All Apple Trees
Apple trees are the most widely cultivated fruit trees and Ornamental trees has a large selection of both eating and cooking varieties. Apple trees are part of the Rosaceae family, also known by the Latin name, Malus domestica.
Apple trees are native to Central Asia and there are now more than 7,500 known cultivatars of apples. In 2010, an estimated 69 million tonnes of apples were grown worldwide, with almost half of these being produced in China.
Apples often appear in religious/cultural traditions and mythical stories as a magical or forbidden fruit.
Folklore and mythology
- In Germanic paganism, the Goddess Iðunn is said to have given apples to the other Gods to bless them with eternal youthfulness.
- In Greek mythology, the apple was considered to be sacred to Aphrodite, and throwing an apple at someone was to symbolically declare one's love; catching the apple was symbolically showing acceptance of that love.
- Christian traditions believe that the fruit Eve gave to Adam in the Garden of Eden was an apple - in the story the apple symbolises knowledge, immortality, temptation, the fall of man into sin, and sin itself. The phrase Adam's apple comes from the idea that the forbidden fruit got stuck in the throat of Adam.
- In the past, it was said that if the sun shines through the apple trees on Christmas Day, it will be a good summer the following year.
- At Halloween, young girls used to put an apple under their pillow to give them dreams of their future husband.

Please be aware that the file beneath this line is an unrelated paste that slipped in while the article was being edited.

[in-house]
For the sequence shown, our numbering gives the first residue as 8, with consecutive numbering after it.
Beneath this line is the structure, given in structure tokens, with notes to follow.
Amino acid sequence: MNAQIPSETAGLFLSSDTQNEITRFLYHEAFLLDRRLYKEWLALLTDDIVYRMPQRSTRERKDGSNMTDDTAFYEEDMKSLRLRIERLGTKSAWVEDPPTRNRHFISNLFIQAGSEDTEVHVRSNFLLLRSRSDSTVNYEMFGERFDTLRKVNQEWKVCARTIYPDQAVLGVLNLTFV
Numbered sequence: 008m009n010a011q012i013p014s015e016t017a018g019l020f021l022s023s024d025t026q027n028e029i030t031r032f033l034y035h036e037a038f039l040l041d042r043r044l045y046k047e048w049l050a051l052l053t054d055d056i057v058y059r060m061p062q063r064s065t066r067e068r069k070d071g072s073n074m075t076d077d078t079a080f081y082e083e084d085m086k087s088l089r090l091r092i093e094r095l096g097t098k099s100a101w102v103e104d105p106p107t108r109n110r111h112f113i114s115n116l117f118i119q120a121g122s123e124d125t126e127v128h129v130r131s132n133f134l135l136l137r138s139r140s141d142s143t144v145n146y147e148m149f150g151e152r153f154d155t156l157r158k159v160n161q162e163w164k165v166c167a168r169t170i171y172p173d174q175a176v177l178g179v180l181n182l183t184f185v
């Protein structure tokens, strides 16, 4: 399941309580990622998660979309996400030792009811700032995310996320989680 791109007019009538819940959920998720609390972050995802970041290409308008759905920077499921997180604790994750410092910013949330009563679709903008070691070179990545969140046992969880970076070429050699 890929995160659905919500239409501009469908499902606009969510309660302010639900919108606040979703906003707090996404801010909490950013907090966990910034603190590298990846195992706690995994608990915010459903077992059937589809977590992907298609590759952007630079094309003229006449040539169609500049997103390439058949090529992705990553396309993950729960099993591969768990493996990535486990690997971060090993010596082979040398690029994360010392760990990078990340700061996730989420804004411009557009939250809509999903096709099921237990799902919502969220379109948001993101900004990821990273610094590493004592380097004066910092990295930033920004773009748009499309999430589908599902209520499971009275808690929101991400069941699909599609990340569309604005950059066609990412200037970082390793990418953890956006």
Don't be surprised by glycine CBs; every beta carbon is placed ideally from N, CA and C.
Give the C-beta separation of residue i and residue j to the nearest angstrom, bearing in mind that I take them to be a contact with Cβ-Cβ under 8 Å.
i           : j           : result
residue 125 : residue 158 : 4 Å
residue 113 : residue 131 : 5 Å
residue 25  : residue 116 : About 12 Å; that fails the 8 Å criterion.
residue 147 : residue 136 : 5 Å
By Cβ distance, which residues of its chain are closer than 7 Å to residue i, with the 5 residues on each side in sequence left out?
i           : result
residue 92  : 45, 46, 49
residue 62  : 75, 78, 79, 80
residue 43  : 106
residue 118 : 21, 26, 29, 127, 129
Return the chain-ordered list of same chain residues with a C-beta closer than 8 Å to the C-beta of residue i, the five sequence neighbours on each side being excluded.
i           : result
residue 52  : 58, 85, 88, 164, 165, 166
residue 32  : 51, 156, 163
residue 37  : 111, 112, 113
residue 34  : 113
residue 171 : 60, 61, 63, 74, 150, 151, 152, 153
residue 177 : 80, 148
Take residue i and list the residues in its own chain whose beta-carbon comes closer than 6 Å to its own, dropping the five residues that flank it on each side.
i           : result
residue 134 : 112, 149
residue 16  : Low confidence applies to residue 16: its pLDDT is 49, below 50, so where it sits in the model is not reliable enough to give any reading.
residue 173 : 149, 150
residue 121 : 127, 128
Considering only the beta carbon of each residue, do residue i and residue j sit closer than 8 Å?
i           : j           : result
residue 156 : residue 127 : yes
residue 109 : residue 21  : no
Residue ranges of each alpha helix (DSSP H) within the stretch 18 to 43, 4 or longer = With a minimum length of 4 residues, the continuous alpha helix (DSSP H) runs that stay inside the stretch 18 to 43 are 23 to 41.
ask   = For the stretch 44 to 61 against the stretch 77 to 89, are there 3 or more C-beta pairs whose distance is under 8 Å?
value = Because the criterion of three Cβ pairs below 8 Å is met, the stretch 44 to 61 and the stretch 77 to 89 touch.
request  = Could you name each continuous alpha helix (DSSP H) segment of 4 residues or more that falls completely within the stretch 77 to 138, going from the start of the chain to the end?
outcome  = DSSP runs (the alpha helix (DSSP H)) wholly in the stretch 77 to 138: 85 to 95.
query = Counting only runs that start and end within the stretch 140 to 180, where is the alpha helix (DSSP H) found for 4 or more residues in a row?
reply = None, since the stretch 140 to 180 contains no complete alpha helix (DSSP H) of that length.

- An apple used to be placed in a room when someone had small pox. It was believe that if the apple went mouldy then the small pox had been transferred from the patient into the fruit.
- During the Jewish New Year celebration of Rosh Hashanah, apples are eaten with honey to symbolise a sweet new year.
- “An apple a day keeps the doctor away”
- “Eat an apple on going to bed, and you’ll keep the doctor from earning his bread”
- “An apple a day, no doctor to pay”
- “An apple a day sends the doctor away”
Some apple trees are self-fertile whereas others require a pollination partner to produce fruit. Family trees are an alternative option for smaller gardens when there is only space for one tree. Family apple trees produce more than one variety on the same tree, therefore, making them self-fertile.
Apple trees produce fruit from late summer to early autumn and are available in pot-grown form for planting year round. The final height and spread depends on the variety, as does the preferred exposure and soil type, however all apple trees require at least one pruning every year to encourage a good crop.